In a new study published in Science Translational Medicine, Robert Levy, Ph.D., along with graduate student and first author Cameron Bader and colleagues, have shown that inhibiting the STING protein pathway could protect certain patients from graft versus host disease, the most serious complication from bone marrow (stem cell) transplants.
“This pathway is very important in allogeneic (donor) stem cell transplants,” said Dr. Levy, professor of microbiology and immunology at Sylvester Comprehensive Cancer Center at the University of Miami Miller School of Medicine. “We found that, in preclinical models of transplants which mimic those performed between HLA (human leukocyte antigen) matched patients, we would want to interfere with the STING pathway to minimize graft versus host disease and the complications associated with this disorder.”
Allogeneic bone marrow transplants, in which patients receive new blood-producing cells from a donor, are often a major component in leukemia and lymphoma treatments, as aggressive chemotherapy is used to destroy the patient’s own marrow cells. However, the donated cells can also generate their own immune response, pitting the grafted cells against their new host. Graft versus host disease (GVHD) can cause skin rashes, nausea, diarrhea, and liver damage, and is the major non-relapse cause of mortality in these patients.
In the paper, Dr. Levy’s team tested whether STING could be modulated to control GVHD. In one instance, they created an animal model that replicates an allogeneic transplant from a sibling match and found that when STING was absent, the symptoms of GVHD were reduced. However, when investigating STING in an unmatched transplant model, in which donor and recipient were not closely related, the absence of the pathway made GVHD worse.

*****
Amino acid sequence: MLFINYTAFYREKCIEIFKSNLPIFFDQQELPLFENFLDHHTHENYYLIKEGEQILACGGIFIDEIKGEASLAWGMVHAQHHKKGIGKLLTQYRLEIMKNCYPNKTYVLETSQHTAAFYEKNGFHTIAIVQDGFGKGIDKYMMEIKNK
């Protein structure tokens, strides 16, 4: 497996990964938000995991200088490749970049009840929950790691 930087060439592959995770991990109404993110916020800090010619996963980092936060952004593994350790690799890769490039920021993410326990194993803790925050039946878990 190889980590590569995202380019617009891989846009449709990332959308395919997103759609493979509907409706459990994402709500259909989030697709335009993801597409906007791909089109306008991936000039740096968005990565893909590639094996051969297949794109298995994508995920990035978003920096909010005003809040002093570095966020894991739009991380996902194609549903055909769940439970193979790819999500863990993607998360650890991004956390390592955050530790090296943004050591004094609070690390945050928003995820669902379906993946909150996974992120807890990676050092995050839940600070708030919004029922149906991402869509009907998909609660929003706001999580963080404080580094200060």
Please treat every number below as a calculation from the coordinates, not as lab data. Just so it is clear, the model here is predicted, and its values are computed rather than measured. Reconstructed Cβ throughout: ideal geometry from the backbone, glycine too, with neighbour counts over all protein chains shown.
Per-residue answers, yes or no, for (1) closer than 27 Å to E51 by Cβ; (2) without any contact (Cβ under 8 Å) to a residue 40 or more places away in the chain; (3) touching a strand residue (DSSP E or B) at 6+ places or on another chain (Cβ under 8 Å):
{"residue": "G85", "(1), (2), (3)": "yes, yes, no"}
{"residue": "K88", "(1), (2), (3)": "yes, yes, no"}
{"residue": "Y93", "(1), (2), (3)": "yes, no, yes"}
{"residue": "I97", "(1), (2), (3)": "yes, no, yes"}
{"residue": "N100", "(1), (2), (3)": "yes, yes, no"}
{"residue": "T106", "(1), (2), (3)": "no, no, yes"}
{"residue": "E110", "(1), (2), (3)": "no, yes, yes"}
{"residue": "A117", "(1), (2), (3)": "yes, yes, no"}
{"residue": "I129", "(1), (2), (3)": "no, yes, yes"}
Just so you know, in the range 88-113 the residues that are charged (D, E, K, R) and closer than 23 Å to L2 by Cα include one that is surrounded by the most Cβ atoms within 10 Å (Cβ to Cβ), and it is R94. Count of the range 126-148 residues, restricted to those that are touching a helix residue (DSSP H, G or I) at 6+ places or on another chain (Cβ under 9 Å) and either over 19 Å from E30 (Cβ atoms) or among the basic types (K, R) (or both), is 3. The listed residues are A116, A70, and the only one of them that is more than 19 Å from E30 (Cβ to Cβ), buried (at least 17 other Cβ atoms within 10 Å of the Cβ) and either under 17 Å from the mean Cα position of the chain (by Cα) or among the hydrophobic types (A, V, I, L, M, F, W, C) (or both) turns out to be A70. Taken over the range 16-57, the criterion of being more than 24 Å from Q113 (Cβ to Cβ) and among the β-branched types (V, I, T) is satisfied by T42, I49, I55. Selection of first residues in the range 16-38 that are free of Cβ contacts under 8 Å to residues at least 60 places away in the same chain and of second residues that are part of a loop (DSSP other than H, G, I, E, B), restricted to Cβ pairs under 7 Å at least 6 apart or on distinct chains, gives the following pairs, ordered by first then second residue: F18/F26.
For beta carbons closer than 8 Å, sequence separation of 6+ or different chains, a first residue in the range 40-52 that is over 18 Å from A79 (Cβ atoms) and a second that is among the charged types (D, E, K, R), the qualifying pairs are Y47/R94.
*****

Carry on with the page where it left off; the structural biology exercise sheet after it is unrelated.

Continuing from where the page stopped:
Further investigation showed this surprising difference was caused by distinct immune system T cells. When transplanting only CD8 T cells, excluding the CD4 variety, the lab replicated the positive results in the unmatched model, reducing GVHD.
“That told us the cell populations that mediate GVHD really affect the role STING plays in these transplants,” said Dr. Levy. “STING can worsen GVHD or it can provide a protective effect. We figured out that, when the CD8 T cells are present in the transplant, they get rid of the antigen-presenting cells that drive CD4 T cells. So, if you get rid of those antigen-presenting cells, and you don’t drive CD4 T cells, you can also mitigate GVHD.”
Dr. Levy believes inhibiting STING in matched patients could potentially reduce their risks of developing GVHD. However, there may be an added benefit: STING could also be boosted to activate T cells and promote a stronger immune response against cancer cells. In this scenario, clinicians might want to selectively inhibit and boost STING—at different times—when treating cancer patients.
“With matched siblings, like our preclinical model, we would want to block STING during the early part of the transplant to prevent serious graft versus host disease,” said Dr. Levy. “Then later, we might want to go in and activate STING to help generate tumor immunity against the remaining leukemia or lymphoma cells.”